REPUBLICAN.
Rhode Island. March is. Wisconsin. May 5.
Texas. March 24. N. Hampshire May .
Kansae March at. New Jersexy ay e.
onnecliout, April 7. Maryland May e.
owa. April 14. Nevada. May 11.
Massachusettsp .Aprils. Florida May 12.
Oregon, April 21. Michigan, May 1.
Virginia. April 21. West Vir, a May 12.
S Carol Ap ril 29s. Tennessee, ay 6.
Pennsylvania. New York, Vermont, North
Carolina, Maine and Indiana have already
elected delegates.
OBElRBAOK.
Michigan. March 17. Pennsylvanla. March 22.
Two Mexicans fought at a duel with lassos
at Atoka, Indian Territory. Each was
mounted on a strong horse and armed with
a lasso, or rope with a slip noose at one end,
sucnas is used in catchlug wild cattle. 8tart
at a sgnal, they rode warily toward each
ar, wt lao ready and, when twenty
feet apart, threw them aimultaneously. One
missed, but his own neck was enmeireled by
the noose of his advery. and he was
,erke4 from bla o eio ntgBlth th4
wItdiug ho atIeue.
FOBEI ITEMS.
The Latest News by Cable from
Russia and Germany.
The It. Petersburg Golos Calling for
Reforme-A Russian View of
the Hartmann Matter.
The Pope and the German Government.
BUSSIA.
Sr. Premasuse, March la.-The Golos pub.
lisbsh an unusual outseoken artiale, urging
reforms as the most deadly weapon against
sedition and anarchy.
The Journm l d at. Parrsrburu says: "The
very day on whichl the French cabinet refused
to give up Hartmnan to the Buslian authorities
Premier ereyoinet had been informed of the
arrival in Paris of fresh douoments, proving
beyond all doubt Hartmann's complicity in the
Moscow explosion. The cabinet's decision
amounts to encouragement to assassins and
is therefore greatly to be regretted,"
UEItXANY.
Bsnitt. March l--The Ultramontane organ
CGermania Says: be Pope has expresed to
the archbishop of olne his approva of the
latter's reet condemnation of soclallsm, add
ing that it I his ferven hope that pea. e in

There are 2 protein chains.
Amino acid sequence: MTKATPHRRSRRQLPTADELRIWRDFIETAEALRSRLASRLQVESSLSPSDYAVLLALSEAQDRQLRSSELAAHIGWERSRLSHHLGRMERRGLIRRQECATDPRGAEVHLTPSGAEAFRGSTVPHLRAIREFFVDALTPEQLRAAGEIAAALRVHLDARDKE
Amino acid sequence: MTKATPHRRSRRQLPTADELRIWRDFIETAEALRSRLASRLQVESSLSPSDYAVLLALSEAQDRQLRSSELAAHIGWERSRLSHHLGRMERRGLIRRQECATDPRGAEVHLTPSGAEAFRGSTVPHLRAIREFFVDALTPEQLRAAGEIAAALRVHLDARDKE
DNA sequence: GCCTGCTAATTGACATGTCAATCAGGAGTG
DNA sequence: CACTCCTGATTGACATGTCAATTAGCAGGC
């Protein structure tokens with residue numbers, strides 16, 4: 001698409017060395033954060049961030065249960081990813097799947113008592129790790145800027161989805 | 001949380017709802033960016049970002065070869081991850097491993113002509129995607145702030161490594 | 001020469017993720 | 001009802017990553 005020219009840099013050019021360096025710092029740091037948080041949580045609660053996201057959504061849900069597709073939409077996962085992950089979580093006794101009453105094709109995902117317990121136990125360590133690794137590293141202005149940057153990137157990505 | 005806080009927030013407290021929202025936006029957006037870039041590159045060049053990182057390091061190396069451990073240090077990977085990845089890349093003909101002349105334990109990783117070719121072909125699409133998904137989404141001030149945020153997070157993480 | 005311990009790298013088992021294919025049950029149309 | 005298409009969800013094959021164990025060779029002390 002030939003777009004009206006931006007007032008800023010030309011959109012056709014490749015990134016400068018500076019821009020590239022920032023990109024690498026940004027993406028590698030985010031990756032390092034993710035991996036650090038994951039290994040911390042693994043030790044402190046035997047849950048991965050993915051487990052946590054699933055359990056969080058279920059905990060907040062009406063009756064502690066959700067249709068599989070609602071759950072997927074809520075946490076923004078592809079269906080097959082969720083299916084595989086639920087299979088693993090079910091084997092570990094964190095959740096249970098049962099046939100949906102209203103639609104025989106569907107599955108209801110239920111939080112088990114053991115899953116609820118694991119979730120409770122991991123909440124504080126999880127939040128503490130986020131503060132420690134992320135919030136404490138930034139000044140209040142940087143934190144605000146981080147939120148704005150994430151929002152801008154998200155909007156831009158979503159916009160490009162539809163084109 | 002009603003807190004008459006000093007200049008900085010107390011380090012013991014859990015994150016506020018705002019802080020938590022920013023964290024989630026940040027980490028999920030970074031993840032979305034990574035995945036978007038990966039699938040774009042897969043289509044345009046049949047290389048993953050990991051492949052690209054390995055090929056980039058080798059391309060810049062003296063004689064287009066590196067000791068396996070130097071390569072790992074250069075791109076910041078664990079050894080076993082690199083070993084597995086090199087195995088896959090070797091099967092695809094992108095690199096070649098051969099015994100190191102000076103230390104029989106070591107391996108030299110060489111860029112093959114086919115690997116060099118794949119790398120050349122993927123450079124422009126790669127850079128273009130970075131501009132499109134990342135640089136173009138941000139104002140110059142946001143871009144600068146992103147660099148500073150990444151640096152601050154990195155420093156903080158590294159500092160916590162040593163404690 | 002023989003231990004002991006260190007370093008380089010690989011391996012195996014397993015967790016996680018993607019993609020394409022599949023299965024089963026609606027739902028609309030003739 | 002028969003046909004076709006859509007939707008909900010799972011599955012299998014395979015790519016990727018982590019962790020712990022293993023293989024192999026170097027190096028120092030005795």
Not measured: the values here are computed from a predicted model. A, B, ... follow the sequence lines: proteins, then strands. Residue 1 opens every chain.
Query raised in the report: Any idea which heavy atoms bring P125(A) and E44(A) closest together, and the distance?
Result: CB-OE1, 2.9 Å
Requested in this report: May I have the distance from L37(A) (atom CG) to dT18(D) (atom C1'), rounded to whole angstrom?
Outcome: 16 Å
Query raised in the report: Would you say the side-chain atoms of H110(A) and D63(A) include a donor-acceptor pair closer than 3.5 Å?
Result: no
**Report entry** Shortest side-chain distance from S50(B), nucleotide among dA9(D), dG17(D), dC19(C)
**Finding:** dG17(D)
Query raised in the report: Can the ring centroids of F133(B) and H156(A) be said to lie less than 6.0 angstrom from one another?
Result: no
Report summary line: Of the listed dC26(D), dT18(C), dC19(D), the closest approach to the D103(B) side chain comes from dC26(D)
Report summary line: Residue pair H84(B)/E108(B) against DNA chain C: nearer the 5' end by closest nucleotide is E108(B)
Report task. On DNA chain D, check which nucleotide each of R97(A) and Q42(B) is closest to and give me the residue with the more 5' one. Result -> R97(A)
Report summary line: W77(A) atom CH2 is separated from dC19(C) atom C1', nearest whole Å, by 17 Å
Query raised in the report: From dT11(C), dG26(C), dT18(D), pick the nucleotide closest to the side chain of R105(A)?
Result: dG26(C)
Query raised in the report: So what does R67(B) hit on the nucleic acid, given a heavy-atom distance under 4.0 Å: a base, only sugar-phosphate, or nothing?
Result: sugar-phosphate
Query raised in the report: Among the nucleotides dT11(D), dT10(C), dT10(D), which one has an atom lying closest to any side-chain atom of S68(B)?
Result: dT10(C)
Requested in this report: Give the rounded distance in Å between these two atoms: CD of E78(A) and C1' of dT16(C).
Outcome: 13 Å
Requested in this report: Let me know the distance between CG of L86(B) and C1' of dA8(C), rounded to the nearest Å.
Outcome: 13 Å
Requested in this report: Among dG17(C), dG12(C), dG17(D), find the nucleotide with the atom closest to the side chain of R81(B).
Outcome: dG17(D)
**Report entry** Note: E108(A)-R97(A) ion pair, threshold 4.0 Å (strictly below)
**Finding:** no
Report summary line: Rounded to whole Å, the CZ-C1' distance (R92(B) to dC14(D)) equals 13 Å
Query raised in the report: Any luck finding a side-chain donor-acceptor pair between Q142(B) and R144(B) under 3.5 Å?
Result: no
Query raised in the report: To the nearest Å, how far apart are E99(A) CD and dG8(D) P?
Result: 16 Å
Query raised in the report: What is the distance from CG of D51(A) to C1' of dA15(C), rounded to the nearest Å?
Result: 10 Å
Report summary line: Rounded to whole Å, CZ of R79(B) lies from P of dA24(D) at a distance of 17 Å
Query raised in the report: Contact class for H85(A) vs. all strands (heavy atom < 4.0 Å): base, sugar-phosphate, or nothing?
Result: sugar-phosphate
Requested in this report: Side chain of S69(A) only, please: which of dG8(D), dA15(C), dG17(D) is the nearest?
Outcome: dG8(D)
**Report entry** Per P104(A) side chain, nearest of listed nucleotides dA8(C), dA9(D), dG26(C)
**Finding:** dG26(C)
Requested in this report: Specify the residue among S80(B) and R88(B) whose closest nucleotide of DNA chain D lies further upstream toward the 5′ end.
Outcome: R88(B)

coleslastl mater will soon be restor in
Ge many. h ioly ien will leave notnlni
unaone to httaln that result.
AMUSEUMNTS.
Grand Opera House.
The second week of Miss Nellson's engage.
ment begine this evenin at the Grand Opera
House, and with the week, we regret to say, her
engagement oloses, for it is very sel
dom that New Orleans is favored with
the presence of such an accomplished
actrees, whose characterisations of tho
heroines of Bhakespeare have certainly never
been surpeased. and, except on rare occasilons.,
equalled by her predcessors. As to her Juliet,
has Iretue tiy been said by old pDi y.oers
lt re that they had not thoroughly understood
e character until Miss N Ieon gave us her
i erpretatl n of it.
it t tra that we hae een her I only two
of t 0seb charaters i and Viola). yetwe
nk that we ave seen silently to ns
us in beileving er equal to any task that she
may choose to mpose oupon herself.
The wide difference between Juliet and Viola
n every respect, the exquil·nt eoras whlch she
ies to her oqueptýuns, and e ardent devo
tion she manest to eart t h passion a d
intensity o expresson shue throws lato th
non and e Iovey coquettishness and womaua
gracehe edisplays I the other have been
nikabe testsr of er ability tio cop sue
sefully with the heavy as well s the lighter
Ina perlative drare does she pos l a tL
Wtit so many cele bri.ies even are eo lenet.